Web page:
No one in the city really wants the new stadium at the RFK site except Mayor Muriel Bowser. The support is not there on the city council, and, more importantly, based on attending advisory neighborhood committee meetings there, I’ve seen that neighborhood surrounding the stadium doesn’t want it either, pushing for the land to be used for parks and recreation. That neighborhood is far different from when the team used to play at RFK, leaving in 1996. It’s now filled with lawyers and lobbyists and government officials who know how to fight city hall. So whatever Racine concludes in his probe, it won’t likely have much impact on the future of a new stadium in the District. There is none.

The Virginia investigation could prove to be the most interesting — and impactful.

In a letter to team attorney Jordan Siev, Miyares informed the franchise that they were under investigation. “The Office of the Attorney General of Virginia is conducting an official inquiry into this matter,” Miyares wrote. “To be clear, I have not prejudged the issues raised regarding the Commanders. However, I view it as my responsibility to carefully examine the material facts regarding this matter after it was brought to my attention. I request full cooperation and transparency from your client during this inquiry.”

It’s as if no one had been taking the probe by Miyares — a Republican, in a state where the Republican governor, Glenn Youngkin, has been a vocal supporter of the state’s commitment to financially help the Commanders stadium quest — seriously, doubting the motivation and eagerness.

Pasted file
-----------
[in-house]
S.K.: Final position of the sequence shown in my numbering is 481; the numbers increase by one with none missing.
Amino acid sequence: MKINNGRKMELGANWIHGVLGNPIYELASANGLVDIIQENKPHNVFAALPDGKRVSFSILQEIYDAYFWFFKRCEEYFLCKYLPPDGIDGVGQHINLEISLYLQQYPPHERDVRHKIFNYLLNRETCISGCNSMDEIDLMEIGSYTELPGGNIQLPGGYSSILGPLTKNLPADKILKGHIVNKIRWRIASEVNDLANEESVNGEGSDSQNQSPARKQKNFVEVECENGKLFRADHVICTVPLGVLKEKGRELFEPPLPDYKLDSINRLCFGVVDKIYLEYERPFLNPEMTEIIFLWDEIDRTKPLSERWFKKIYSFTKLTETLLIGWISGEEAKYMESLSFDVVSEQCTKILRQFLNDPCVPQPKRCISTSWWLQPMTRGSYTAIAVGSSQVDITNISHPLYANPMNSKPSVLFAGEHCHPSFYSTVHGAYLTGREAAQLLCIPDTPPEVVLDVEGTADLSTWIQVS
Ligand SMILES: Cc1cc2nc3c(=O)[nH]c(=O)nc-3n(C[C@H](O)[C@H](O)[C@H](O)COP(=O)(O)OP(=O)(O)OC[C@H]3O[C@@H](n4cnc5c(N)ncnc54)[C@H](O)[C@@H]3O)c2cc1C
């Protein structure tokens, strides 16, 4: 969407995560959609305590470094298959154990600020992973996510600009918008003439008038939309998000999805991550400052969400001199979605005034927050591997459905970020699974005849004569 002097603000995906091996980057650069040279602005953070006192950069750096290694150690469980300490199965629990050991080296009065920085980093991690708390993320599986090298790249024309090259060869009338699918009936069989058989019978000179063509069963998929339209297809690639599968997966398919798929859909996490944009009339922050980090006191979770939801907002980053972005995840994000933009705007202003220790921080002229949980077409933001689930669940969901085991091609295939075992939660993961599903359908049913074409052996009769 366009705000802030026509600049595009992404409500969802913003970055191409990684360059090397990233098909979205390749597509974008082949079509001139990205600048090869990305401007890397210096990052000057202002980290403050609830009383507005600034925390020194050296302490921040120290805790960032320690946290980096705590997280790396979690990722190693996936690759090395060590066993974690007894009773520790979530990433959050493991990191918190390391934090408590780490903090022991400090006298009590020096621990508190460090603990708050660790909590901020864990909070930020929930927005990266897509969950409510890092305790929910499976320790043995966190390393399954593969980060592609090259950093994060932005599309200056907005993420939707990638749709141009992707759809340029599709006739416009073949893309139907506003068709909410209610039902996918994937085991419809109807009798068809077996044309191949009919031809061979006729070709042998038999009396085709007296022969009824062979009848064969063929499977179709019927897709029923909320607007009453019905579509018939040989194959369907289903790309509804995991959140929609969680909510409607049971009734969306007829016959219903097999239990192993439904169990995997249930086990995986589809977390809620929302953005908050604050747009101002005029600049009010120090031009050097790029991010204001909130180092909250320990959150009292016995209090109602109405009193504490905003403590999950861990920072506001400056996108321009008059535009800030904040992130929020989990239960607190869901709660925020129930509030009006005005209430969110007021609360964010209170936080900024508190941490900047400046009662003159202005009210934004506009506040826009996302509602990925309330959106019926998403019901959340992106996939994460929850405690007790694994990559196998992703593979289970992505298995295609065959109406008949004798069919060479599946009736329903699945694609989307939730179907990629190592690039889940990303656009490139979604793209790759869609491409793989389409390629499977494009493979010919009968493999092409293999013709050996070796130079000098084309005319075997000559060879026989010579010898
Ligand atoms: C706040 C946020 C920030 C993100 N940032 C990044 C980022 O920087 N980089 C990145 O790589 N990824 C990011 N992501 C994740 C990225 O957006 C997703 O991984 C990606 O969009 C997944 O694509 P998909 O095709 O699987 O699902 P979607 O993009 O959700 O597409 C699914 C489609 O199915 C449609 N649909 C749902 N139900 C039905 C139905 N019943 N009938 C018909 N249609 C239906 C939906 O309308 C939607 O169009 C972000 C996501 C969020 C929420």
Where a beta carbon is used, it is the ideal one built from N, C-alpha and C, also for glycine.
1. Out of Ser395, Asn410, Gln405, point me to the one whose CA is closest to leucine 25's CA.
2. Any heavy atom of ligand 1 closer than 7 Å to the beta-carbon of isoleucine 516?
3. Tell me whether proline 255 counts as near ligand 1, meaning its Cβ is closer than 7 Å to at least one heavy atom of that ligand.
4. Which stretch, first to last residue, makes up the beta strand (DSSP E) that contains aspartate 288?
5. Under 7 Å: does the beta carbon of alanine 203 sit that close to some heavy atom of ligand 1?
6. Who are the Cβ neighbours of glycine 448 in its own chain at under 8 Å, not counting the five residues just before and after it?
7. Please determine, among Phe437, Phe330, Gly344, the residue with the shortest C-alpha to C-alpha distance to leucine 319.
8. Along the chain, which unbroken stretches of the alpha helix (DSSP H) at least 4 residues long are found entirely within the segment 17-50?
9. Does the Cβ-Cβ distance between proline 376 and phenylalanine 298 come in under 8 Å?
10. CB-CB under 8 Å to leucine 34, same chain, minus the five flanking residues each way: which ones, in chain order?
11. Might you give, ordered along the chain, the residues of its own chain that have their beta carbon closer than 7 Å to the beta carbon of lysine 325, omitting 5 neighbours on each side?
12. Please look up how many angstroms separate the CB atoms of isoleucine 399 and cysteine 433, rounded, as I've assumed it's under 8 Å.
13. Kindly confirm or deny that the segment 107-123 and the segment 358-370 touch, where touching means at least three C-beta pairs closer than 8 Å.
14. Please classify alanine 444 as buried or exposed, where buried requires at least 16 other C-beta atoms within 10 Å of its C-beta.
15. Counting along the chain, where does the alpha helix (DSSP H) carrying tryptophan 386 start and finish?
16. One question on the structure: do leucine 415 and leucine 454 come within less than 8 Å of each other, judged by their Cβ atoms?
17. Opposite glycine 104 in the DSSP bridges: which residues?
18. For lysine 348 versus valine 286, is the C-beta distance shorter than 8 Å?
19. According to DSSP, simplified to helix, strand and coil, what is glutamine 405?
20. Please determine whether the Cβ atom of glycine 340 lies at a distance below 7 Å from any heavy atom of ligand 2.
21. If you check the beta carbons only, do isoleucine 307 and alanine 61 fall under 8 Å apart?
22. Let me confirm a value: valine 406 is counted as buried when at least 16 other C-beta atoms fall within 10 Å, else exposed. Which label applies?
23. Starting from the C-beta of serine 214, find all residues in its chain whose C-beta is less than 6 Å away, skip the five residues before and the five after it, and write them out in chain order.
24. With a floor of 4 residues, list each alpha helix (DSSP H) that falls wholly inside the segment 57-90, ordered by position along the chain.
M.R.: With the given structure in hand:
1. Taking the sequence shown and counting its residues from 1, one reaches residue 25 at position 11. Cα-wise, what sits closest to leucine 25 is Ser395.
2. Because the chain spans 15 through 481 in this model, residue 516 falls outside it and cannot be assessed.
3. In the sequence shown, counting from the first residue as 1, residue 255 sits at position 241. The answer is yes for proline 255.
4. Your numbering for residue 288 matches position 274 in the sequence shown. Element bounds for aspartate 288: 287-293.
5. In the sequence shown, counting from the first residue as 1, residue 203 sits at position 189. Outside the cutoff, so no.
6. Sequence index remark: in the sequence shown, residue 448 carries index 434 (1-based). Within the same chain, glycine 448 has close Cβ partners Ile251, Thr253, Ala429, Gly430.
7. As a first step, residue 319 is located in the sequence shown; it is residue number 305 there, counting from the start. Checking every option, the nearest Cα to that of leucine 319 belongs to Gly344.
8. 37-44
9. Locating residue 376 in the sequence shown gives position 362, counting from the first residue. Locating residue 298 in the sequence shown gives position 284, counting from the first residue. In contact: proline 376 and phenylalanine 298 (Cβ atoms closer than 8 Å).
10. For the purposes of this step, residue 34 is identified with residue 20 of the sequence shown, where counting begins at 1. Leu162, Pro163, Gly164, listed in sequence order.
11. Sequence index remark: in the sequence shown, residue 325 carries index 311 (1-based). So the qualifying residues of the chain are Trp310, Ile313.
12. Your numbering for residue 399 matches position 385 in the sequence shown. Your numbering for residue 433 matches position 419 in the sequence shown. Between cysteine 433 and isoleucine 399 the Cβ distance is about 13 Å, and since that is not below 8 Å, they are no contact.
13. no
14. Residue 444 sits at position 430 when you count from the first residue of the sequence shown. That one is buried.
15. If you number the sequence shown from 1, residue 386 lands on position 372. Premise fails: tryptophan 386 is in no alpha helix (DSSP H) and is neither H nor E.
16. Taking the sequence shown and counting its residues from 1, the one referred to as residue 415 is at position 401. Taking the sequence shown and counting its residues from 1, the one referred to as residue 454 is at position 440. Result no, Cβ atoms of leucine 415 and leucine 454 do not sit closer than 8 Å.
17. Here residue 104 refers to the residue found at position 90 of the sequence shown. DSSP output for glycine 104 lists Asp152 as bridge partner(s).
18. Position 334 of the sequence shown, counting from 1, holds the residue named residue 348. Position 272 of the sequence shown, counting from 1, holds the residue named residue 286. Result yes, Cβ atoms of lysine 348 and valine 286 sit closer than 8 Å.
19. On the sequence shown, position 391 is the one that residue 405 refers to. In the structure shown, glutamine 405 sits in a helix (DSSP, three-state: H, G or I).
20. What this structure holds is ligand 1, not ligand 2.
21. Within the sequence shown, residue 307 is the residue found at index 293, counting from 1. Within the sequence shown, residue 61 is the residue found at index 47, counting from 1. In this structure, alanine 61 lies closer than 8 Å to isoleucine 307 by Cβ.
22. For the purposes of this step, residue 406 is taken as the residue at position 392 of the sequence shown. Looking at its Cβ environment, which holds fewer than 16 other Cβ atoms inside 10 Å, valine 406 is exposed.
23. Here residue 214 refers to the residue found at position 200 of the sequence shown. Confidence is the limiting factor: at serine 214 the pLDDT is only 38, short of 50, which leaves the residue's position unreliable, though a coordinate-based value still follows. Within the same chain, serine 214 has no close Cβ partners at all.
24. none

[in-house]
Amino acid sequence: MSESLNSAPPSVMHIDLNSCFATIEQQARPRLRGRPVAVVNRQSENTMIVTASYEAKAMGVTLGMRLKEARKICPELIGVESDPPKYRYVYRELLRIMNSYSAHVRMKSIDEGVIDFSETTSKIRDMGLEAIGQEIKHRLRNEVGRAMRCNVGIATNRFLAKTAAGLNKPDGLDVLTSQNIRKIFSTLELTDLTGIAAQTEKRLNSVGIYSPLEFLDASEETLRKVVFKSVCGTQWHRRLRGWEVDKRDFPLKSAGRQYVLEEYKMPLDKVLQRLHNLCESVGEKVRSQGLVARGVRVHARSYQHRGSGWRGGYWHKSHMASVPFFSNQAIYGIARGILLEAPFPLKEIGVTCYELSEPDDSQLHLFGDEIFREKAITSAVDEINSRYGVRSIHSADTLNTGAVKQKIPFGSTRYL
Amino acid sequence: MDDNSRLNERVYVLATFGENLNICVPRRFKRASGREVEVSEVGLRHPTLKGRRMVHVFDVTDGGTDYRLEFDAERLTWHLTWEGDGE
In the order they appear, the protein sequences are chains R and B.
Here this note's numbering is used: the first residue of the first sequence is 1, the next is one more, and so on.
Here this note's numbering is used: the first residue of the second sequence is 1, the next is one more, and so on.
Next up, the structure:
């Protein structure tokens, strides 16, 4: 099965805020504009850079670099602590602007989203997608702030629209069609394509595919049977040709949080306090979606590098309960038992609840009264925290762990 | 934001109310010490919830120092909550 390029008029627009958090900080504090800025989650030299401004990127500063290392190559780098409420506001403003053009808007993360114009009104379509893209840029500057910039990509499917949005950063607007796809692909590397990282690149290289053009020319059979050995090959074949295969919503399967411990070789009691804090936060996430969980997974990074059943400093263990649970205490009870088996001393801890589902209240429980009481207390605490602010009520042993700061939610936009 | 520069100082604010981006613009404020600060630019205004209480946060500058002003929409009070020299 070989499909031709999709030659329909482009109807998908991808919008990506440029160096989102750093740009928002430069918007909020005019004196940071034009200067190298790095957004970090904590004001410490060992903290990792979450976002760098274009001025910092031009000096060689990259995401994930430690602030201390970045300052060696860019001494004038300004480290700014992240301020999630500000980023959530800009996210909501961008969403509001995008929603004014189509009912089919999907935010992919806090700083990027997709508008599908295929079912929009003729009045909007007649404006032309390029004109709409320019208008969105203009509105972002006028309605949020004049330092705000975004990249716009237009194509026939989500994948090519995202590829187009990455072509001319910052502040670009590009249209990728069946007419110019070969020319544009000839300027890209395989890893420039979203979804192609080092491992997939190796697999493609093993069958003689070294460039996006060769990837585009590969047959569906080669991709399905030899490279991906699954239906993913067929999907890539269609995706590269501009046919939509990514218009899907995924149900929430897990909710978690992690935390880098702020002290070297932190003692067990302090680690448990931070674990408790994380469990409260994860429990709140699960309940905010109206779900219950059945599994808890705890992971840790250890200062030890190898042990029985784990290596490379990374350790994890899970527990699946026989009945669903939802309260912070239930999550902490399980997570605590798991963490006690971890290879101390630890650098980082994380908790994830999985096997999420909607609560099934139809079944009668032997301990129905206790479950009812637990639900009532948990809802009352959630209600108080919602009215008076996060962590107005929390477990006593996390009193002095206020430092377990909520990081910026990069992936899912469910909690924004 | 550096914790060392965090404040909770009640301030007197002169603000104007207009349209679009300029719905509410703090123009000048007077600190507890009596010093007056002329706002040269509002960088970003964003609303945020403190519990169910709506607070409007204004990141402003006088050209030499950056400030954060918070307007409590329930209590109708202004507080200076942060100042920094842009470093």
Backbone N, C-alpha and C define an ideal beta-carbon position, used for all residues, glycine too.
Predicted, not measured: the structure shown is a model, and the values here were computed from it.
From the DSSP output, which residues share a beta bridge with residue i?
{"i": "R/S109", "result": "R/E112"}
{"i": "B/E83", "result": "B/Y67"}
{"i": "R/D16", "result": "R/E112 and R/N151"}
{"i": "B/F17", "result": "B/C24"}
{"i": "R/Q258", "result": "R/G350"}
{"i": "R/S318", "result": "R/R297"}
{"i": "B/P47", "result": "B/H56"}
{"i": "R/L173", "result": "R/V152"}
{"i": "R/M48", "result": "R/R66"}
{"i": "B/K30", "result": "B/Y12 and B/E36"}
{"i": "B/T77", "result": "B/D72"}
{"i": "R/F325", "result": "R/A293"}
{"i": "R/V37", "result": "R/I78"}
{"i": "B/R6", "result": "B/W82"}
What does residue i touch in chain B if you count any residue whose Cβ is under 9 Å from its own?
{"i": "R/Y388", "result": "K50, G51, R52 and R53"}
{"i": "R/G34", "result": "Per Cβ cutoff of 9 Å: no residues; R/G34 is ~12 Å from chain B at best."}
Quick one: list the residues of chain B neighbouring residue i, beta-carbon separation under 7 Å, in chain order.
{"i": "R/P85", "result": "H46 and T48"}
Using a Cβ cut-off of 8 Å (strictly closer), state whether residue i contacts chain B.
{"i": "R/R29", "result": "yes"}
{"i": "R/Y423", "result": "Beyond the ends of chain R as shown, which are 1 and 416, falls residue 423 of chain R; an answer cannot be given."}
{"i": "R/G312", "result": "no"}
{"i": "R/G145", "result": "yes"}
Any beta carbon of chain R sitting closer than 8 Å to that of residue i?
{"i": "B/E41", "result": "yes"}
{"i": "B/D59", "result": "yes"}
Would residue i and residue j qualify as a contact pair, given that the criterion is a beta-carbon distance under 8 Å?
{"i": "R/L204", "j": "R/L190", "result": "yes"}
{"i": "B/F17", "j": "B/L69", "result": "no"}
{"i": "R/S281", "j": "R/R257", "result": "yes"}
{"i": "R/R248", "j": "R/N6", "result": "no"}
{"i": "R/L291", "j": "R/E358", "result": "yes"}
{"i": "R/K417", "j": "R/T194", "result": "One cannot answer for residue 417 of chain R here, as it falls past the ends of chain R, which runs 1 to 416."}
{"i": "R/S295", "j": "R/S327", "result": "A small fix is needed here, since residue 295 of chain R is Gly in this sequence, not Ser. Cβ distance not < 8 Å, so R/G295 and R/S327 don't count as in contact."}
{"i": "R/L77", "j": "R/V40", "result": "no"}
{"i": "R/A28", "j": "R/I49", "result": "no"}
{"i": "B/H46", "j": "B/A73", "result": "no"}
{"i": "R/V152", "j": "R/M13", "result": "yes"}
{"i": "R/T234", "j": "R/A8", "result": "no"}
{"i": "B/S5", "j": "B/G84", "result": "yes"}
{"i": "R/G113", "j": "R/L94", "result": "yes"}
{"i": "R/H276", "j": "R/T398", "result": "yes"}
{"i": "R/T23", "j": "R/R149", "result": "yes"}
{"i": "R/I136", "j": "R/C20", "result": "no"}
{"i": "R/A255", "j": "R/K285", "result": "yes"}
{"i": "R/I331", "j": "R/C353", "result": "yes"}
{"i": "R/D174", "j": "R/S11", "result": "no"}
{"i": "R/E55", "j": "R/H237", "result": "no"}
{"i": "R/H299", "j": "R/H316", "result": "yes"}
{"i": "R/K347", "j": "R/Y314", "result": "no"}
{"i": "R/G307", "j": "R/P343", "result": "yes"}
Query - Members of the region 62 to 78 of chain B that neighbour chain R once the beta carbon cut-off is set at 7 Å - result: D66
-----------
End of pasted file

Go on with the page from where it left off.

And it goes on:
But a longtime Virginia political observer said Miyares wouldn’t be going through the motions of such an exercise unless it was serious. “He doesn’t mess around with this kind of stuff,” they said. “There has got to be something driving this.”

It’s not known when the findings of Miyares’ investigation will be made public. A spokesperson for his office said they had no further comments on the probe other than their initial statement.

It is hard to believe legislators will agree to sign off on any money for a Commanders stadium development without a clean bill of health from Miyares.

Then there should be the fear in the hearts of Virginia lawmakers pushing for this Commanders development about the scheduled June 22 House Oversight Committee as part of its investigation into the Commanders’ hostile workplace culture, among other issues, and what could emerge from that hearing.

The committee has asked Snyder and his guardian angel, NFL Commissioner Roger Goodell, to appear that day to answer questions.

This is it. This is what the committee has had its sight set on from the beginning of its investigation — Snyder and Goodell in front of them answering questions on camera for the world to see. If it happens, it could be a game-changer.

For now, it is a request — one unlikely to be answered to the satisfaction of the committee. It is difficult to imagine Snyder willing to make such an appearance unless he is forced to by subpoena.

That hasn’t been broached yet. But time may be running out for the committee, which faces the possibility of drastic changes and a Republican takeover after the November elections.

Time, though, may be running out for Dan Snyder, who, if he is lucky, will be around when the Commanders open their new stadium someday next door to Ghost Town Field in Landover — the same place where Jack Kent Cooke landed.

Hear Thom Loverro on The Kevin Sheehan Show podcast.

• Thom Loverro can be reached at tloverro@washingtontimes.com.